Transparency and regulation: An opportunity missed
Market participants will live to regret not getting their own houses in order.
They spent years arguing that over-regulation will kill the goose that lays the golden egg. Now financiers and rating agencies have discovered that not only is there no golden egg, but the goose has already been cooked. Without more of the much-vilified regulation, the rest of the farmyard could end up in the pot too.
The timing of the annual IMF/World Bank meetings could not have been better, coming as they did just after the summer’s disorders and significant investment bank losses on sub-prime, leveraged loans and CDOs. A sombre mood prevailed in Washington, despite the firmer tone of financial markets – and it’s easy to see why. For once the most meaningful discussions were on the traditional engine room of the global economy: US sub-prime fall out and its effects on both American and European finance will undoubtedly lead to greater regulatory oversight, possibly at a global level.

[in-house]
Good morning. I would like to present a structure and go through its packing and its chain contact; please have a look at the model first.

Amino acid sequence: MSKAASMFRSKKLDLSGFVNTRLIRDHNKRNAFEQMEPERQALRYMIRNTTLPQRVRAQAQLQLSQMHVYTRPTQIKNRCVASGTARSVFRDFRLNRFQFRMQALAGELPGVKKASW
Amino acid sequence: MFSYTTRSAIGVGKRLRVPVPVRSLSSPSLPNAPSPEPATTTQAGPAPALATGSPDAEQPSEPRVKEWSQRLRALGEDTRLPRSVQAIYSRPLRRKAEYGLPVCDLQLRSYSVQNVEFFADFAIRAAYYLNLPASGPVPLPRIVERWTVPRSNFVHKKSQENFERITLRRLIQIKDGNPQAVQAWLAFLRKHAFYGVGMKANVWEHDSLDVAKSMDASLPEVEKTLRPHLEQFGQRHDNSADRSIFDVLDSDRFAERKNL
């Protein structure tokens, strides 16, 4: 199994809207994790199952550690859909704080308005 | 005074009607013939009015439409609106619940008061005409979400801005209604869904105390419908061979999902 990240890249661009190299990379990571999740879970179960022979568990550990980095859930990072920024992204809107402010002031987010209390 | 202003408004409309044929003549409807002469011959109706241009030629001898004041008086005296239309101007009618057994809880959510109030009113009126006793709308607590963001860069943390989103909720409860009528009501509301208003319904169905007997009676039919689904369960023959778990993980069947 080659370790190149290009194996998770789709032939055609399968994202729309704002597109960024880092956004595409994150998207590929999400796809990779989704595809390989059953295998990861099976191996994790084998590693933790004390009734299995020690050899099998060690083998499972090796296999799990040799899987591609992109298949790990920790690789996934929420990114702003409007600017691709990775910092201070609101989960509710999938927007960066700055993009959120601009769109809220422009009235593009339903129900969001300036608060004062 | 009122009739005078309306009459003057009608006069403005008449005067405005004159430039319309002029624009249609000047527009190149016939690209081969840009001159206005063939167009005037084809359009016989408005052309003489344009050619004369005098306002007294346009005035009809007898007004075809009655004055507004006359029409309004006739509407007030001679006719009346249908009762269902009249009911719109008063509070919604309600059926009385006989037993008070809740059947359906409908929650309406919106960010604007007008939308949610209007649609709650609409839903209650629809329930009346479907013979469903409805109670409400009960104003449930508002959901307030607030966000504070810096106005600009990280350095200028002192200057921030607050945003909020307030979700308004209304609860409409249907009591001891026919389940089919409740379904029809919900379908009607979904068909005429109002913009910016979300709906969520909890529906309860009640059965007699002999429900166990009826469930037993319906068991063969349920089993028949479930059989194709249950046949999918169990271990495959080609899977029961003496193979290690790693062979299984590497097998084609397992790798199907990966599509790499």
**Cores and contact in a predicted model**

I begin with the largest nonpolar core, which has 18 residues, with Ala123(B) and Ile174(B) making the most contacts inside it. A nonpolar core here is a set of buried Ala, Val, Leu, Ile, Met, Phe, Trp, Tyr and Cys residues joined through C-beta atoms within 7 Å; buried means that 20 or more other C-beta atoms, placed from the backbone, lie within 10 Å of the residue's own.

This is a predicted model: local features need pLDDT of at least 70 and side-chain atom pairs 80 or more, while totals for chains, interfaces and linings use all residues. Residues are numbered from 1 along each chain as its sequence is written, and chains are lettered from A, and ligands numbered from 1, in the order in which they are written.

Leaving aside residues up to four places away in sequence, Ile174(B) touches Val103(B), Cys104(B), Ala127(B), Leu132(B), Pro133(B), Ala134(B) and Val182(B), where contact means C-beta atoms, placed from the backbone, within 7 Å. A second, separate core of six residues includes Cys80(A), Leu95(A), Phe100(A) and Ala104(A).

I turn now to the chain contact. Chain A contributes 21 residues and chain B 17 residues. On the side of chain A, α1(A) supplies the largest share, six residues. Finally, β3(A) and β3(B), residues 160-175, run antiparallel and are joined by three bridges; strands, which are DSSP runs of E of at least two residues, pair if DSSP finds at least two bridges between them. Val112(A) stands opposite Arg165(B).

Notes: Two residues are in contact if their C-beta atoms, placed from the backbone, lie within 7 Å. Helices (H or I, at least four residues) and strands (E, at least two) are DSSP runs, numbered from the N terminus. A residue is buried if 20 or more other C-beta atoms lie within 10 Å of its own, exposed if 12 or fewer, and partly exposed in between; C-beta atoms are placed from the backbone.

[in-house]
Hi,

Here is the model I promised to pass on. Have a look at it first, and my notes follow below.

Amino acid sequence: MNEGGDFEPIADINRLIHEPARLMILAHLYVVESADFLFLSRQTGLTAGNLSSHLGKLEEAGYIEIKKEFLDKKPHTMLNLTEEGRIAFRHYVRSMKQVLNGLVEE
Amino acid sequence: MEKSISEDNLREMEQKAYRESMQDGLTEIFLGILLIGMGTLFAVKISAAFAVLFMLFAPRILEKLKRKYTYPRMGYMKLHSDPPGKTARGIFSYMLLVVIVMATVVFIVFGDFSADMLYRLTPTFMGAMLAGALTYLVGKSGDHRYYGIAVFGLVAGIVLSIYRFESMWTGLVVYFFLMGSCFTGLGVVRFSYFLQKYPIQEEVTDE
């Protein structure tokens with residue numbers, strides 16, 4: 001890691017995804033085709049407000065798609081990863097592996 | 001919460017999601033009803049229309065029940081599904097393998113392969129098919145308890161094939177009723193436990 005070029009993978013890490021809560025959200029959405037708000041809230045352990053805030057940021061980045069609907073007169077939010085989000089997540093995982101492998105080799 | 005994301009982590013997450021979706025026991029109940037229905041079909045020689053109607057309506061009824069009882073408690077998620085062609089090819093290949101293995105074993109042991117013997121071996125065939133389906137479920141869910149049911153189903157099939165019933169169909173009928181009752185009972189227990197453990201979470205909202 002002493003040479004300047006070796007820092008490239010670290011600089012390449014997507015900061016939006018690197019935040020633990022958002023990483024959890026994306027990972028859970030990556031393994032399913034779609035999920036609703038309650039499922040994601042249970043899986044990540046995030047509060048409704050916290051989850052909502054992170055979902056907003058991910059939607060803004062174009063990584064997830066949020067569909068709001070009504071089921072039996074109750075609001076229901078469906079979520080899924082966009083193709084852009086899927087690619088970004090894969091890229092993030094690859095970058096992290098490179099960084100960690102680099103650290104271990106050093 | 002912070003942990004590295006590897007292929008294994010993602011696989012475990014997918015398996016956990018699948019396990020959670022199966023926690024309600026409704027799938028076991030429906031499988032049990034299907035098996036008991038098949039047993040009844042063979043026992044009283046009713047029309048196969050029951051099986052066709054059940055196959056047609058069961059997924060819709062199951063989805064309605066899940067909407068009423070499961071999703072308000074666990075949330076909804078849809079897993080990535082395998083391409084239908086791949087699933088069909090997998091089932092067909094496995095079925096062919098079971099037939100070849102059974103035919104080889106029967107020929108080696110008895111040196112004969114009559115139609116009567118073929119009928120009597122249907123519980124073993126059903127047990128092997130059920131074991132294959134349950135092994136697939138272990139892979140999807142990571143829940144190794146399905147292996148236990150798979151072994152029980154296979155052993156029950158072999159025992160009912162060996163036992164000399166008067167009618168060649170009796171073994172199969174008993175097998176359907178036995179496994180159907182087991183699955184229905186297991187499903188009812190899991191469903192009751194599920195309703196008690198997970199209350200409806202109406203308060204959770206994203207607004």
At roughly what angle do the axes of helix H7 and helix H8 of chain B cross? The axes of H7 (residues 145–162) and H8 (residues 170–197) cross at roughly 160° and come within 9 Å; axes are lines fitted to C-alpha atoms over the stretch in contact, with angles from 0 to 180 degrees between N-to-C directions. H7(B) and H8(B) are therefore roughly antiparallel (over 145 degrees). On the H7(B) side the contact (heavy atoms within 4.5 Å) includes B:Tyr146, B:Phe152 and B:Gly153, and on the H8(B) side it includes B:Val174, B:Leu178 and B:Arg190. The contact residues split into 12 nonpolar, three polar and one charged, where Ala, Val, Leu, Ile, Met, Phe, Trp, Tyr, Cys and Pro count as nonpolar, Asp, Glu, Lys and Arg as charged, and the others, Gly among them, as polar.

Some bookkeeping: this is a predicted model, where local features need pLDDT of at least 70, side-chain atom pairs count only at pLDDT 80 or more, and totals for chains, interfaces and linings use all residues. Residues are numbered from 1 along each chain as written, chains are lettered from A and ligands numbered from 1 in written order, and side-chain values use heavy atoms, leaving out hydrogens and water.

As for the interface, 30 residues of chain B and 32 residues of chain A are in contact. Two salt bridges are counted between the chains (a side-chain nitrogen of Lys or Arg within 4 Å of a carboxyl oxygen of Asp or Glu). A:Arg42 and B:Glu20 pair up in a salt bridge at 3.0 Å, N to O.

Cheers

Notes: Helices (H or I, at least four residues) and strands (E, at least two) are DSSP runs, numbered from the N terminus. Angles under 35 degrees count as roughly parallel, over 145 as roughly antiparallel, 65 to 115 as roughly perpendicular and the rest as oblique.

Joaquin Almunia, EU commissioner for economic and monetary affairs told the second annual EU government bond summit at the end of October that all of the authorities charged with ensuring global financial stability are of the same mind on the key areas that need looking at.